resolved by means of a synthesis.
Although this model is often named after Hegel, he himself never used that specific formulation.
Hegel ascribed that terminology to Kant.
Carrying on Kant's work, Fichte greatly elaborated on the synthesis model, and popularized it.
On the other hand, Hegel did use a three-valued logical model that is very similar to the antithesis model, but Hegel's most usual terms were:
Sometimes Hegel would use the terms, Immediate-Mediated-Concrete.
Hegel used these terms hundreds of times throughout his works.
The formula, Thesis-Antithesis-Synthesis, does not explain why the Thesis requires an Antithesis.
However, the formula, Abstract-Negative-Concrete, suggests a flaw in any initial thesis—it is too abstract and lacks the negative of trial, error
The same applies to the formula, Immediate-Mediated-Concrete.
For Hegel, the Concrete, the Synthesis, the Absolute, must always pass through the phase of the Negative, that is, Mediation.
This is the actual essence of what is popularly called Hegelian Dialectics.
To describe the activity of overcoming the negative, Hegel also often used the term Aufhebung, variously translated into English as "sublation" or
"overcoming," to conceive of the working of the dialectic. Roughly, the term indicates preserving the useful portion of an idea, thing, society,
etc., while moving beyond its limitations.
(Jacques Derrida's preferred French translation of the term was relever).
In the Logic, for instance, Hegel describes a dialectic of existence: first, existence must be posited as pure Being (Sein); but pure Being, upon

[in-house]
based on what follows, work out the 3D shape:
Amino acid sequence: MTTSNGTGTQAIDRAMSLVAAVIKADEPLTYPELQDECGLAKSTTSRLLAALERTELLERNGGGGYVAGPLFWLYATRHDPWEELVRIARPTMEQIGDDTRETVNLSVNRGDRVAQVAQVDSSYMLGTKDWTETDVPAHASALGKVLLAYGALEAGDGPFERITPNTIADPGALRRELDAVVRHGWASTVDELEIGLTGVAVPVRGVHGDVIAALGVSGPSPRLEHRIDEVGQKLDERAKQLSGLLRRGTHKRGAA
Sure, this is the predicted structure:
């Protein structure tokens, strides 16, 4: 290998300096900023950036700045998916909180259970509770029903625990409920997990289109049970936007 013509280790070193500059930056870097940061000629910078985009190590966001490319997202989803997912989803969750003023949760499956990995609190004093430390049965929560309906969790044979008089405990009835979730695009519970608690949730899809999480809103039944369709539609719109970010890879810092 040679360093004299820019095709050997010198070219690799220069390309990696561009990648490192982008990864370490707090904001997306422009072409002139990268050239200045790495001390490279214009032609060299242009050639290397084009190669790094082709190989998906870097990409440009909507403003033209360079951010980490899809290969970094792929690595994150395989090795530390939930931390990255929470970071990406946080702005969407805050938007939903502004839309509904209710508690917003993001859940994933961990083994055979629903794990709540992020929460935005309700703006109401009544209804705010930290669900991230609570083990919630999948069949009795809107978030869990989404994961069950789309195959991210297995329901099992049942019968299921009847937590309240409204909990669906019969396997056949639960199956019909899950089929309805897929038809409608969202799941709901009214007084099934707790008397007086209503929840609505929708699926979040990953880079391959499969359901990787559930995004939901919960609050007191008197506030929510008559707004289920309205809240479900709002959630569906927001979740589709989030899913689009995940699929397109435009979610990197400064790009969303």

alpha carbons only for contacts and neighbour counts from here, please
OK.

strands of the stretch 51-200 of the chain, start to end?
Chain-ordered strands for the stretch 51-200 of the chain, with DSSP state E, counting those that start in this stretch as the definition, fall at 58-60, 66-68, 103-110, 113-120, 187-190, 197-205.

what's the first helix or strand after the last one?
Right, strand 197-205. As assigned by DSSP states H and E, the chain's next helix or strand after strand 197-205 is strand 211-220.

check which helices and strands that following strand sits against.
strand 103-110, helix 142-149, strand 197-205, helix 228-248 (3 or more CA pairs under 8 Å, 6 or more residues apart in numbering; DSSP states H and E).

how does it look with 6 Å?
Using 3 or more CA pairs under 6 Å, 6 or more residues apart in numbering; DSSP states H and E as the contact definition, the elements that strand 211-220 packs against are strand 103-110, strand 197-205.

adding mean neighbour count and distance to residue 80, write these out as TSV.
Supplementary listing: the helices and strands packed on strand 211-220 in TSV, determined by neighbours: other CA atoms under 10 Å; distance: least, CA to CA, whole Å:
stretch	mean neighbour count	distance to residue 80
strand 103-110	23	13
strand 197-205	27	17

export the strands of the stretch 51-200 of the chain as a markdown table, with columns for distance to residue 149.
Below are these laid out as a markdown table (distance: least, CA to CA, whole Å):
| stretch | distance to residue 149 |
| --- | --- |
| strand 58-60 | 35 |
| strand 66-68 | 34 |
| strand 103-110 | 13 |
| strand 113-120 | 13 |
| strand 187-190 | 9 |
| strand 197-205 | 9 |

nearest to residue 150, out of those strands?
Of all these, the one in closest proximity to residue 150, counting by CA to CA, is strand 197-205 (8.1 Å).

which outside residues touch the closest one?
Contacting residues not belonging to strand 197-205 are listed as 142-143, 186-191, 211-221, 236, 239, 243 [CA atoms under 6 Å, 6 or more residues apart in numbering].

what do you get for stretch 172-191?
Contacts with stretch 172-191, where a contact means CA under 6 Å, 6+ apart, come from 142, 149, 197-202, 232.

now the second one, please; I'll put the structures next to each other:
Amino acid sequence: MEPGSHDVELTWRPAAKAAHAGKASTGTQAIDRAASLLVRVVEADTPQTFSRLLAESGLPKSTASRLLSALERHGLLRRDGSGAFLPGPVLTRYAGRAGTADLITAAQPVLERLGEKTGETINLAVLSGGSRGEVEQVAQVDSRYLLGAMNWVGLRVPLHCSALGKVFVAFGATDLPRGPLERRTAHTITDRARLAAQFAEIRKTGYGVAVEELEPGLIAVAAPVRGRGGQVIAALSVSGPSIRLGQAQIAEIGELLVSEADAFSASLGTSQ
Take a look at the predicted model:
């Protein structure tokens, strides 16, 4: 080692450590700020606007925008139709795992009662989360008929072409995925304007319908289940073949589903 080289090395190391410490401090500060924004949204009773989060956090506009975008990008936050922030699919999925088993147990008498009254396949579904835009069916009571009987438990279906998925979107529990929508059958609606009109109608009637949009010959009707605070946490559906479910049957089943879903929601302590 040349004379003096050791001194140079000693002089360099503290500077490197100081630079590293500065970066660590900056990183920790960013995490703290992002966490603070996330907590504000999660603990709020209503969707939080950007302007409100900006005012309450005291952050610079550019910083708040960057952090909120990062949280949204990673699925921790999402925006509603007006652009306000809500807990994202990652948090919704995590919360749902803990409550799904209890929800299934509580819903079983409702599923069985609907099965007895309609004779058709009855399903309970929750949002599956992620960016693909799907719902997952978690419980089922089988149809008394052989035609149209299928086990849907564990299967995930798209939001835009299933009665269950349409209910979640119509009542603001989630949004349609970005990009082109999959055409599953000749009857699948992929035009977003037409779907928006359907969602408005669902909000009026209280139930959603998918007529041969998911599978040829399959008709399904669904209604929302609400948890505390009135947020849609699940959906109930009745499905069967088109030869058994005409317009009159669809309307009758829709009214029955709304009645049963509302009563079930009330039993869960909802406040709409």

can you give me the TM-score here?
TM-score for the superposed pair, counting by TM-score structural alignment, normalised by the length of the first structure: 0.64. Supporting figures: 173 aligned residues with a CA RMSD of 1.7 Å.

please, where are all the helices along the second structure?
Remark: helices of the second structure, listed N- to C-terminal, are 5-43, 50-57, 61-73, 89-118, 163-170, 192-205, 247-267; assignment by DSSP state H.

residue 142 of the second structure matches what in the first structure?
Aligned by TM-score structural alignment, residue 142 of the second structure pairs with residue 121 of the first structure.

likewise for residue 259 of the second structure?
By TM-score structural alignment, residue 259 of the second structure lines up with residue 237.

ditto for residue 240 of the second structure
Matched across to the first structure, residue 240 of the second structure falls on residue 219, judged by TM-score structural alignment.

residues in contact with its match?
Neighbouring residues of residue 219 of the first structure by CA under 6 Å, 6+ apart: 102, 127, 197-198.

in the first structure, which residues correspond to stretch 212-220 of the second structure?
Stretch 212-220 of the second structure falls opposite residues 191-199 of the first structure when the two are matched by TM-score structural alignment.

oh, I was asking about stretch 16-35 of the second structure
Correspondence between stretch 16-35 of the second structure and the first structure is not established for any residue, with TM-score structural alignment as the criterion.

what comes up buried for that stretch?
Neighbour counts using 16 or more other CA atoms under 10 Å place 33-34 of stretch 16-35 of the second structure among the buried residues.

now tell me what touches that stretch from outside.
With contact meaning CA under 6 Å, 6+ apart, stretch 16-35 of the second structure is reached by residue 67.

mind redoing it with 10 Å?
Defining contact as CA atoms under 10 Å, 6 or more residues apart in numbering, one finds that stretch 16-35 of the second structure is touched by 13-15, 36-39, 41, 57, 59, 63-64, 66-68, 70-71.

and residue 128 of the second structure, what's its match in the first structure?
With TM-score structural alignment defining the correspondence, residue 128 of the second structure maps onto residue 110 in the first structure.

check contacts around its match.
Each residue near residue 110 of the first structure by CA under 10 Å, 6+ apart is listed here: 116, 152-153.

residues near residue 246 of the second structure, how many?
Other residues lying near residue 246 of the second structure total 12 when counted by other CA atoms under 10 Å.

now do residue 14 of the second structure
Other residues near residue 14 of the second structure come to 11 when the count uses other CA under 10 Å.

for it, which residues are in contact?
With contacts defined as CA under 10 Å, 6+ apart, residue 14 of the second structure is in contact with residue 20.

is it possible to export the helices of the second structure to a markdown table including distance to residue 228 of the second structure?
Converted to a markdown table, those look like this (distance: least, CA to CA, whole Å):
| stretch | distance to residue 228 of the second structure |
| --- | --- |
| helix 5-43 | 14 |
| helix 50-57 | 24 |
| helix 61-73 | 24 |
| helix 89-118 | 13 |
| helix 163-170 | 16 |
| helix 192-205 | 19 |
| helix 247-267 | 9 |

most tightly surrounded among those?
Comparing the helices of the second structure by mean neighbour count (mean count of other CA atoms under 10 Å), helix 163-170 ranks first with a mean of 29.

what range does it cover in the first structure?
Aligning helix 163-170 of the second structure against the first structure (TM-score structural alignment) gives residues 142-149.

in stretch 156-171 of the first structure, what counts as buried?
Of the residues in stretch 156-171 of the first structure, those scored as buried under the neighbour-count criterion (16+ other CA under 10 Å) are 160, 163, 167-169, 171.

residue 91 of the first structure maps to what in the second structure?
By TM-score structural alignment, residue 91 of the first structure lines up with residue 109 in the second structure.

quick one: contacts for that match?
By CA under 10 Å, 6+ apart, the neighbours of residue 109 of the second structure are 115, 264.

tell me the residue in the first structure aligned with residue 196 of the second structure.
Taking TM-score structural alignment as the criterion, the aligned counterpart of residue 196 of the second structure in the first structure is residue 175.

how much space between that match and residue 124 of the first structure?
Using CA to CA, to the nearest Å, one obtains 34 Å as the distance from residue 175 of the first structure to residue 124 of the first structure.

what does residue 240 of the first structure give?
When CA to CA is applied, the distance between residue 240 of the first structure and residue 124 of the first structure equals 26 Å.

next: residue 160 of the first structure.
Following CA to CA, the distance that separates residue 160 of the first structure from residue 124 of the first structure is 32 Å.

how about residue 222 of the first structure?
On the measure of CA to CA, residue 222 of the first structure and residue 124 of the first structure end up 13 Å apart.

examination, is found to be indistinguishable from Nothing (Nichts).
When it is realized that what is coming into being is, at the same time, also returning to nothing (in life, for example, one's living is also a
dying), both Being and Nothing are united as Becoming.
As in the Socratic dialectic, Hegel claimed to proceed by making implicit contradictions explicit: each stage of the process is the product of
contradictions inherent or implicit in the preceding stage.
For Hegel, the whole of history is one tremendous dialectic, major stages of which chart a progression from self-alienation as slavery to
self-unification and realization as the rational, constitutional state of free and equal citizens.
The Hegelian dialectic cannot be mechanically applied for any chosen thesis.
Critics argue that the selection of any antithesis, other than the logical negation of the thesis, is subjective.
Then, if the logical negation is used as the antithesis, there is no rigorous way to derive a synthesis.
In practice, when an antithesis is selected to suit the user's subjective purpose, the resulting "contradictions" are rhetorical, not logical, and
the resulting synthesis is not rigorously defensible against a multitude of other possible syntheses.
The problem with the Fichtean "Thesis-Antithesis-Synthesis" model is that it implies that contradictions or negations come from outside of
Hegel's point is that they are inherent in and internal to things.
This conception of dialectics derives ultimately from Heraclitus.